One of the most important roles a coach can play is helping clients sort through all the options floating around in their heads.
Each of these clients is fully capable of making decisions, of moving forward in their lives. But when they’re confronted with too many choices, they get paralyzed. And, it’s also hard to process all these options with people close to them, because those people have their own biases about what the “right” choice is (since it will likely affect them, too).
Most of the time, we humans are not very good at handling all the different things we have swimming in our heads. The first place I learned about this dynamic was from David Allen in his book, Getting Things Done (check out this podcast with Tim Ferris for an overview): our brains are only really capable of managing four pieces of information at once. But the reality is there are hundreds of things competing for our attention, especially when we’re confronting a transition.
Step 1: Download All the Things
The first step we go through in coaching is downloading – or capturing – what is on the client’s mind, even if it doesn’t seem related to our coaching work. We have to do this brain dump before we figure out what’s most important, and before we start to take action on anything.
Why? Because in this long list of things we unearth, it’s not yet clear what things deserve action, and which ones aren’t important anymore. We have to search for what matters to the client.
With career coaching, this means capturing information about the client’s current work situation (what’s working, what’s not), what’s important in their life right now (priorities and values), what they’re looking for (meaning and purpose), what they’ve already tried, what else they have going on (side gigs, job applications).
Often, as we’re going through this discovery process, clients are eager to get to action, to move forward with their career change. They want to get out of this place of feeling stuck or overwhelmed at which way to go (especially when all the possibilities seem to be out there!). So, we spend some time processing that taking action for its own sake doesn’t help them move closer to what they really want.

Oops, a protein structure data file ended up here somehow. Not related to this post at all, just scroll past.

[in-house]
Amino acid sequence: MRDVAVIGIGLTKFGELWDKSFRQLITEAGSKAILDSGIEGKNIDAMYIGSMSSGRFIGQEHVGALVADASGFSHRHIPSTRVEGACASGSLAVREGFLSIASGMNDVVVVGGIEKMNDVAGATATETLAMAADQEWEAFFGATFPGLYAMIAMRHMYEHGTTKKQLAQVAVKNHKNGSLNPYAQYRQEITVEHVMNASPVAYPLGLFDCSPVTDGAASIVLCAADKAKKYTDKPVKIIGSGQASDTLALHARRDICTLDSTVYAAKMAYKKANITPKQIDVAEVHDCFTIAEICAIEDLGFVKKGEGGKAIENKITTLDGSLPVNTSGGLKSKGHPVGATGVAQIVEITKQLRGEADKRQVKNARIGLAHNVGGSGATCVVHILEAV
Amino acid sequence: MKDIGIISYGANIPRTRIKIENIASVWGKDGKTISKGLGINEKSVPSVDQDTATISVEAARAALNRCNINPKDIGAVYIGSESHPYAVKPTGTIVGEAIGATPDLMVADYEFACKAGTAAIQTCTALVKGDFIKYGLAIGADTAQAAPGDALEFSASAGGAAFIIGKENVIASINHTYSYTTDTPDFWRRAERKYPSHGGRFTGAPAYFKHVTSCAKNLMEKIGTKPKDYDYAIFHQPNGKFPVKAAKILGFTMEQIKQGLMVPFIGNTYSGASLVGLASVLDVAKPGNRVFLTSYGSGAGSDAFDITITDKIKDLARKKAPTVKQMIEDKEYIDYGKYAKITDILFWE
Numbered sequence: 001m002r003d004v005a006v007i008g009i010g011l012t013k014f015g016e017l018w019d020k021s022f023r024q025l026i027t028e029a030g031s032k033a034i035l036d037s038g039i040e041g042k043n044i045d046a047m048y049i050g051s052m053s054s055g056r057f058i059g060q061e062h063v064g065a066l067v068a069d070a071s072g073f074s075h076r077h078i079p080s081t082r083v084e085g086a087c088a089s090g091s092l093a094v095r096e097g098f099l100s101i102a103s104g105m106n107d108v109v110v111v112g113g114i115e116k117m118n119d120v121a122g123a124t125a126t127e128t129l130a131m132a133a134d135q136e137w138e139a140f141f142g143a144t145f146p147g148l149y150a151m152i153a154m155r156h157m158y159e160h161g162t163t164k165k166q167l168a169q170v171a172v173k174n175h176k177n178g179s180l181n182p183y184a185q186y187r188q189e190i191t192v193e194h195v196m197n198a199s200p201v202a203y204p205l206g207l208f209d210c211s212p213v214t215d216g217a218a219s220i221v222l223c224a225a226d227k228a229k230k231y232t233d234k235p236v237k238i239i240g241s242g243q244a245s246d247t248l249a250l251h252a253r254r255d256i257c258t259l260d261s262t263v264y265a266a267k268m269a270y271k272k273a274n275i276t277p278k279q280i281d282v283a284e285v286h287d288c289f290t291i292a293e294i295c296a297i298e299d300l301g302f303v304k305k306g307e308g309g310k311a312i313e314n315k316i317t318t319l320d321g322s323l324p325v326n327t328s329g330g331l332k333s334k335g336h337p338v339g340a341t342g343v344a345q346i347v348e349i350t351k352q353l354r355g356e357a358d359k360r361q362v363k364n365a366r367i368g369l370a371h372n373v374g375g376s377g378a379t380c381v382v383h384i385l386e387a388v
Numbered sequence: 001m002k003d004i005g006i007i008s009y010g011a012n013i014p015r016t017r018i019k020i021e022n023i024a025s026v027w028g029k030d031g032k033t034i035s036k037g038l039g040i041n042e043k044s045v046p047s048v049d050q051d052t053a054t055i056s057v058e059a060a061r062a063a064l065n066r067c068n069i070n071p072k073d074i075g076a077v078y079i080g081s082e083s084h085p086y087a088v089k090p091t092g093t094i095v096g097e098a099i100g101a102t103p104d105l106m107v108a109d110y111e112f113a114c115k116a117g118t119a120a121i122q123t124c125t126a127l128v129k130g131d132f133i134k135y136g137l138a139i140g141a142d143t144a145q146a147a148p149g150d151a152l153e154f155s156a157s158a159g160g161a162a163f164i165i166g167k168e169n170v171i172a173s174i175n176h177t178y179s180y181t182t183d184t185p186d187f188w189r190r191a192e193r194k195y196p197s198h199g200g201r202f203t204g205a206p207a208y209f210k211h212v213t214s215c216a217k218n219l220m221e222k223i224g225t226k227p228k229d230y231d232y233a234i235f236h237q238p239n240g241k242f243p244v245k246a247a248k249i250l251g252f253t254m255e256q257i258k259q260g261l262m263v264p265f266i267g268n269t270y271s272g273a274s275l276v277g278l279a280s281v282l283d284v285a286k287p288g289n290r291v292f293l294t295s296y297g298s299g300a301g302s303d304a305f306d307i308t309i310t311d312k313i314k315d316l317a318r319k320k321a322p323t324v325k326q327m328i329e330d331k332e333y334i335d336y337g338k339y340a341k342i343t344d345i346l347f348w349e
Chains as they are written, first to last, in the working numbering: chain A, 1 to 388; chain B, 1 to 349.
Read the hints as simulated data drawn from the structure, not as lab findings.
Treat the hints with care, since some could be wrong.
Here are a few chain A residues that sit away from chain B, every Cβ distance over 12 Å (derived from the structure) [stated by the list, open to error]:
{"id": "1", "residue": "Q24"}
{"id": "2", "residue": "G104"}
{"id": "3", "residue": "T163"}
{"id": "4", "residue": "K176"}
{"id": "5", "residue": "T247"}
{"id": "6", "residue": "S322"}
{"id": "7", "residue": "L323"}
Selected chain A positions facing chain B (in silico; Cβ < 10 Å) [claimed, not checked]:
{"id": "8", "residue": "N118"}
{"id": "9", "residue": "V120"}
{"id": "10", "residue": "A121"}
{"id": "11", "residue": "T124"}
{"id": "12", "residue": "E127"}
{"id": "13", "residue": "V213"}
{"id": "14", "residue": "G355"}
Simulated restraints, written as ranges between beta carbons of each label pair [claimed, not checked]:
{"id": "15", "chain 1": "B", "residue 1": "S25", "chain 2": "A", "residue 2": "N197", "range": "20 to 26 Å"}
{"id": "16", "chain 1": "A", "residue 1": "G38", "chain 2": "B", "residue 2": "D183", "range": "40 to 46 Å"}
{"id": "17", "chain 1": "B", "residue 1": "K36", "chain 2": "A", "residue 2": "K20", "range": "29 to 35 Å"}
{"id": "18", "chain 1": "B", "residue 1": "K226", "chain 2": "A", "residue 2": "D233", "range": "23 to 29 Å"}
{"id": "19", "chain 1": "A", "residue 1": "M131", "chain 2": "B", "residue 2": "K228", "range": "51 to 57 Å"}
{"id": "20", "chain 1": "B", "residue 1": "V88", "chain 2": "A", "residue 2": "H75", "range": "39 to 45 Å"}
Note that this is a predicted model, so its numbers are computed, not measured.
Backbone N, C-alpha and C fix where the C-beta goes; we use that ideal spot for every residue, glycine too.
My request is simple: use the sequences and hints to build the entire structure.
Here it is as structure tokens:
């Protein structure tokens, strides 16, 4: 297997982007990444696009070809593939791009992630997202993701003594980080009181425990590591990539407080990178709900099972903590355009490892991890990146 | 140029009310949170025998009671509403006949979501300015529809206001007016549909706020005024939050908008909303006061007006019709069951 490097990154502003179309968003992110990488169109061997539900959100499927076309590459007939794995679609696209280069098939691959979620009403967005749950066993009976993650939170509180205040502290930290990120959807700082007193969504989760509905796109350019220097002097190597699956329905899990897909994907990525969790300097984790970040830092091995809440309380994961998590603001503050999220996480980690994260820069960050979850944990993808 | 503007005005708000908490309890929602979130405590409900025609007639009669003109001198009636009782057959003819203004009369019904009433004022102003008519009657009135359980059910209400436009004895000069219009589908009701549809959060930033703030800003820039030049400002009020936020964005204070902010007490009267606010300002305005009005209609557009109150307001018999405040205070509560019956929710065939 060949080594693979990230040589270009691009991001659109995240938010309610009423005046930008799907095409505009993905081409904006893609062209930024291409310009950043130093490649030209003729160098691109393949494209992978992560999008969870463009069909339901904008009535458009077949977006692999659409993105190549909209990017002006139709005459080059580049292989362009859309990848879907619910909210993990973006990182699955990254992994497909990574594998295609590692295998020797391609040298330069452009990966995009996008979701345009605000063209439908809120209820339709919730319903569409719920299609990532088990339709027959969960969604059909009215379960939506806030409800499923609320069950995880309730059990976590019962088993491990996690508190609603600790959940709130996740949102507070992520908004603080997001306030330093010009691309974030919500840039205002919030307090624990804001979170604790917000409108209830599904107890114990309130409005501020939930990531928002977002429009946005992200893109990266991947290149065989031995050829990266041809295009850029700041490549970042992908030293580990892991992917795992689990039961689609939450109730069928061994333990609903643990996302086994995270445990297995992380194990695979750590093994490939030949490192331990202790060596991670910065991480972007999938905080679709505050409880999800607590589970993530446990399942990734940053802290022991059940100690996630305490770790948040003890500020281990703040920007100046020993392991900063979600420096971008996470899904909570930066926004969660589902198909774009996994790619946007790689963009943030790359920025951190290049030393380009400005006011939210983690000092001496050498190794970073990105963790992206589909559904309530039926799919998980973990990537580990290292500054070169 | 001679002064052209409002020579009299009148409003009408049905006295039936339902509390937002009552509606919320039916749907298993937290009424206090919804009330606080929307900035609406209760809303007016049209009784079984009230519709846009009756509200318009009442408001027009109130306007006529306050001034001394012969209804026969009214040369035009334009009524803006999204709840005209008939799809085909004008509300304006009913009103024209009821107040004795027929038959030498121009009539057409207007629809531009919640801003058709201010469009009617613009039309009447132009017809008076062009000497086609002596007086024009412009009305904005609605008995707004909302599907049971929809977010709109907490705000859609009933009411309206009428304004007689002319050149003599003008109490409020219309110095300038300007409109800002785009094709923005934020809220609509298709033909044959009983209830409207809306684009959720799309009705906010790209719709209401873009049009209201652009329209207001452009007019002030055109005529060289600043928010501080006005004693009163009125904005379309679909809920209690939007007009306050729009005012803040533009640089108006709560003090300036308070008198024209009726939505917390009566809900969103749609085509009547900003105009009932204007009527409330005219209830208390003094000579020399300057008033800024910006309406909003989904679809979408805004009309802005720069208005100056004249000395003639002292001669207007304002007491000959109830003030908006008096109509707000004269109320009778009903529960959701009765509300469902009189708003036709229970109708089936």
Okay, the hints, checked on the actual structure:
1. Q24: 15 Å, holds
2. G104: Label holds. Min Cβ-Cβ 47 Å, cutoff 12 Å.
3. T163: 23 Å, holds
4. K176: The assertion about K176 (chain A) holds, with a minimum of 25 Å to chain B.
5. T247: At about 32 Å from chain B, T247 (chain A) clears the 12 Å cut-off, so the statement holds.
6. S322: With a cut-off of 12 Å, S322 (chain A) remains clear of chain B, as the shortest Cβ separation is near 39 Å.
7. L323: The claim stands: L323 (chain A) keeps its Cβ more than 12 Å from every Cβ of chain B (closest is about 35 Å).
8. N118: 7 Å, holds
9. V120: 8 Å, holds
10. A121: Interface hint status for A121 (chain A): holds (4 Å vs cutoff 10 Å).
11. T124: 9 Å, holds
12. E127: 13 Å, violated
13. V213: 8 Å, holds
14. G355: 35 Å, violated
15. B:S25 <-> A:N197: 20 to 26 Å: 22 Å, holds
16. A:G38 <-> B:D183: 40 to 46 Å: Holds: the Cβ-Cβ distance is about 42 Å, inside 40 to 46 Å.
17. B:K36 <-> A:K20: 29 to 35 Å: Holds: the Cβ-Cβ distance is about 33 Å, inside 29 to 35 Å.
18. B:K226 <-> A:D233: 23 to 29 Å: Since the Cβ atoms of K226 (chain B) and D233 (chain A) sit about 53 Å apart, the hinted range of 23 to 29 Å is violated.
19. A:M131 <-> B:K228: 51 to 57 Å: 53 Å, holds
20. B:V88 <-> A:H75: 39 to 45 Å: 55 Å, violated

Step 2: Identify What to Move Toward
The second step, after capturing all this data, is to slow down and let them reflect on what it is they do want, moving forward. What’s different in their career path now from when they began? What other priorities have come up that they want to honor or make room for? How do they want to feel going to work every day? What elements will help them know if the next step feels right?
These first two steps – capturing the data, and reflecting on what they really want – can take a while. As a coach, I’m comfortable trusting the process, knowing that this gathering and reflecting will yield clarity and, eventually, an action plan. But I know my clients need some encouragement to let the process unfold, to step back from the busy-ness of life and listen.
Step 3: Narrow the Options
The third step is about sorting all of these inputs, which we do together. This is the place that having an outside, independent perspective from a coach can be critical. I’m able to notice the patterns and themes across everything they’ve shared, to feed back what emotions I’m hearing from them, and share some ideas about how their strengths and interests translate into potential opportunities to pursue.
We work together to identify a limited number of paths that they actually want to pursue. We have to slow down in order to let that picture emerge, to notice which ones feel right, and which ones to let go of, or hit pause on for now.
Because we humans can only handle so many things at once, I find it critical in a career search to choose 2-3 options to pursue at the same time. Otherwise, the cost of “task-switching” really takes its toll, especially if my client is still needing to work in their current job, and manage all their usual responsibilities.
Step 4: Focus on One Small Action
Then, the final step, once the paths are identified, is to work with my clients to create simple action plans for each of the paths. This isn’t about making an exhaustive list of to dos (that can get us back into overwhelm really quickly!). It’s about focusing on one small action they need to take this week, to move forward on each of the paths.
As they start taking those actions, it usually becomes clear that one of the paths is no longer viable, or not a priority – which means their focus can narrow to the better options.
This process of handling too many choices is just about taking the time to capture everything, to get clear on what matters most, to slow down and find the key paths, and then to take small actions until you get to a decision point.
Having a coach walk alongside you on these paths, to help you see the pitfalls and shortcuts, talk through the challenges and opportunities, and cheer you through a decision, is something I know I’ve appreciated immensely from my coaches. Sure, I could do it on my own – but the process has been so much richer (and less overwhelming) each time I’ve had a coach along for the ride.